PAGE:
Update: As of September 4, 2015, shopping portals are no longer offering cash back on large denominations of Amex gift cards, so I would advise against this method of manufactured spending.
There are several reasons why American Express gift cards are better manufactured spending tools than Visa and MasterCard gift cards. I’ve outlined some of them before, but it comes down to what matters: It’s cheaper.
American Express gift cards have a high purchase limit (up to $10,000 every 14 days), they are easy to unload, and you have the ability to not only eliminate purchase fees but earn a profit when ordering these through a cash back portal. But first things first, here are the basics you should know about American Express gift cards:
Purchase Limit. You can purchase up to $10,000 worth of consumer American Express gift cards every 14 days. These gift cards come in increments of $25-$3,000 but shopping portals don’t pay out cash back on denominations over $2,000. When you make your purchase, you do have to provide your SSN, which is how they track your daily maximum. At the moment, Extrabux is the only shopping portal still offering cash back on Amex gift cards purchased in denominations over $200.
Business gift cards come in the same increments, but purchases are capped at $100,000 every 14 days (try spending that without setting off a fraud alert). Instead of your SSN, you’ll have to provide your business tax ID number at check-out.
Fees. Amex gift cards have a low fee of $3.95 per card. You are also liable for a $5.95 – $8.95 shipping fee per order. Sometimes shopping portals will offer promo codes that waive the shipping fees. Other times, Amex will offer their own codes – do not use these unless they’re also listed on the shopping portal page. Otherwise, you will not earn cash back on your purchases.
Where to Buy. You can purchase American Express gift cards online or at most grocery stores. Online is best, since you can earn cash back from shopping portals. In-store, you might get discounts that off-set the fee and earn in-store rewards.
How to Cash Out. The simplest way to unload Amex gift cards is through regular spend or by using them to purchase PIN-enabled gift cards that are then liquidated via money orders or Target Prepaid RED (aka Redbird) cards. Target Prepaid RED has a bill pay feature, so you can use the balance on the card to pay off your credit cards. I wouldn’t unload the entire balance this way – mix in some regular spending, use it at ATM machines to make card use look as normal as possible. Money orders can be deposited into your bank account or used to pay off credit card balances at your local bank brach.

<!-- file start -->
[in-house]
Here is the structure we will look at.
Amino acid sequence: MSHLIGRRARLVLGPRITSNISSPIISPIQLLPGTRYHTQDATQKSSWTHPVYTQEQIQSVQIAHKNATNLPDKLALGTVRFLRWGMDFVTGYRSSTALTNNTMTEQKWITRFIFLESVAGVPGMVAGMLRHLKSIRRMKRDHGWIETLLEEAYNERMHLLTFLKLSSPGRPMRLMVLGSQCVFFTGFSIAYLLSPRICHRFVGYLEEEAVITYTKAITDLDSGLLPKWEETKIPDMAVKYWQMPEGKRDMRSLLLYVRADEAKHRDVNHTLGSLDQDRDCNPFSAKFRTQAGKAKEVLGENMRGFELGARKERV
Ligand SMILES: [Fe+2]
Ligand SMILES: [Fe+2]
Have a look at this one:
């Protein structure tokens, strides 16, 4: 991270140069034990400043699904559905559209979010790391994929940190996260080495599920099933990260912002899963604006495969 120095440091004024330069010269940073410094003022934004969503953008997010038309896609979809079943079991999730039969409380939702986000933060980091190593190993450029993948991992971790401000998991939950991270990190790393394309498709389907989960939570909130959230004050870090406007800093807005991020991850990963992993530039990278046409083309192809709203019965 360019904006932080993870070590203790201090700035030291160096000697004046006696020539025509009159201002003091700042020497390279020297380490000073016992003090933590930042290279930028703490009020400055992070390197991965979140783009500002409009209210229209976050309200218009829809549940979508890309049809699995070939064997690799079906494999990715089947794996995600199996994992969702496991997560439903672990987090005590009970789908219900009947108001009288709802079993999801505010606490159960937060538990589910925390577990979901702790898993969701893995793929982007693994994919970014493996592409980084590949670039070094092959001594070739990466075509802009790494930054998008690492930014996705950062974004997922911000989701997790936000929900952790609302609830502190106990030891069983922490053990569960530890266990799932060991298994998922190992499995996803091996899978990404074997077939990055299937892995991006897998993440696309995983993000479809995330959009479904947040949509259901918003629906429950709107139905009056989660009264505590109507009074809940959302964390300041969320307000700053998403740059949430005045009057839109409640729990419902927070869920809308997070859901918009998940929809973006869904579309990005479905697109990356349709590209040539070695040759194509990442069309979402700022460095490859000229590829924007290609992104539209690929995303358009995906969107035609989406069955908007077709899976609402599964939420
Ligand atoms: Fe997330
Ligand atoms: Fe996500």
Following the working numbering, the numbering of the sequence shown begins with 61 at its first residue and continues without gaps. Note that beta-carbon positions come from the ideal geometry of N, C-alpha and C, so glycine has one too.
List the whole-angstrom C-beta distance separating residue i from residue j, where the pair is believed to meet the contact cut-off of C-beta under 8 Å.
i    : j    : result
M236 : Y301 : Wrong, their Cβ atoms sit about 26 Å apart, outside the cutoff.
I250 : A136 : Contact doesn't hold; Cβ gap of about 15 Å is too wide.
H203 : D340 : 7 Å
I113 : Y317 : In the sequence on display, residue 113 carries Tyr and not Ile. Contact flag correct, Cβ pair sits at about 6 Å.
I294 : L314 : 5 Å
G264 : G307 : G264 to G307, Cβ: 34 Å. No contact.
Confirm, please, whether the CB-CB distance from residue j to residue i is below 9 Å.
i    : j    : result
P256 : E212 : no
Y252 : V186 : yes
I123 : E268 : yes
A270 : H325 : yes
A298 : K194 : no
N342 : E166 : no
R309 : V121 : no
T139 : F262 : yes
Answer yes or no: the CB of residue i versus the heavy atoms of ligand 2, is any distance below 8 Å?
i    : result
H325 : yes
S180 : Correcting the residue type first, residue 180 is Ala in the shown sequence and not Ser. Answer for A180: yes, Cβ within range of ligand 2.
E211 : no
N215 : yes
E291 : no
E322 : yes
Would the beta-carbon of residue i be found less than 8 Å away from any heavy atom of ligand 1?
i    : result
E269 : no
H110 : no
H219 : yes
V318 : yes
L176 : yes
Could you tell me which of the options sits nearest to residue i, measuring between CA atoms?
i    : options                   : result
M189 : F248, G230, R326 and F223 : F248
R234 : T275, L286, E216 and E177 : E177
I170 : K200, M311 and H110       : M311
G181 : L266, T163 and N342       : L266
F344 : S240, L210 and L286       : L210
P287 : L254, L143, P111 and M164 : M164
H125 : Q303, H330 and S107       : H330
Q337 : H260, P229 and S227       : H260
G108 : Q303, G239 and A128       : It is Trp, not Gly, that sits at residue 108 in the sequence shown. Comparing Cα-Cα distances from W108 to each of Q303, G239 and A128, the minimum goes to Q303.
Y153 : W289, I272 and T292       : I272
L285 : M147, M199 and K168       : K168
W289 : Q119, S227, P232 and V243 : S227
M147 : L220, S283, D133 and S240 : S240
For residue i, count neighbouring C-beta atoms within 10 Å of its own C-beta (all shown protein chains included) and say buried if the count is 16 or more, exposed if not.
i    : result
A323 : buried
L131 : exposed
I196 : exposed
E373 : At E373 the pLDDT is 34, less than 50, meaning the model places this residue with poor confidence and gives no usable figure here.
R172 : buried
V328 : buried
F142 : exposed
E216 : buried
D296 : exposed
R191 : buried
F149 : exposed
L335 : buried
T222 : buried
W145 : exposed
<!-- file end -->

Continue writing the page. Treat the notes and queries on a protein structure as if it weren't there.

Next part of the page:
Cashback Portals. There was a time when cash back portals offered upwards of 4% cash back on Amex gift card purchases. Most every shopping portal has since pulled Amex gift cards from the lineup or restricted cash back to gift cards purchased in $200 increments. The remaining portal, Extrabux, pays out 1% cash back on American Express gift card denominations of $2,000 or less.
If you purchase the maximum $10,000, you’ll have $19.75 in fees and a $5.95 – 8.95 shipping charge, bringing your total to $25.70 – $28.70. Through a shopping portal, you’ll earn $100 cash back (note: shipping and fees don’t qualify for cash back). Unloading these via PIN-enabled Visa and MasterCard gift cards will incur fees of $79 – $119, plus extra fees if you’re going the money order route. Factoring in the 1% cash back earned from a shopping portal will either leave you with a small profit or minimal out-of-pocket expenses.
Warnings. Keep in mind that several banks will code American Express gift card purchases as cash advances. If this happens, you will not only miss out on points, but you will be liable for cash advance fees. This Flyertalk thread is a good resource to keep track of which credit cards code these purchases as cash advances. Generally, it’s Citi that does this, but do take a look at the list first in case anything changes.
Also, don’t go overboard buying Amex gift cards. I generally keep my manufactured spending activities at or below $6,000 per card each month (though there are exceptions) and that has allowed me to stay under the radar. The last thing you want is for the bubble to burst because you got a little overzealous with gift card churning.
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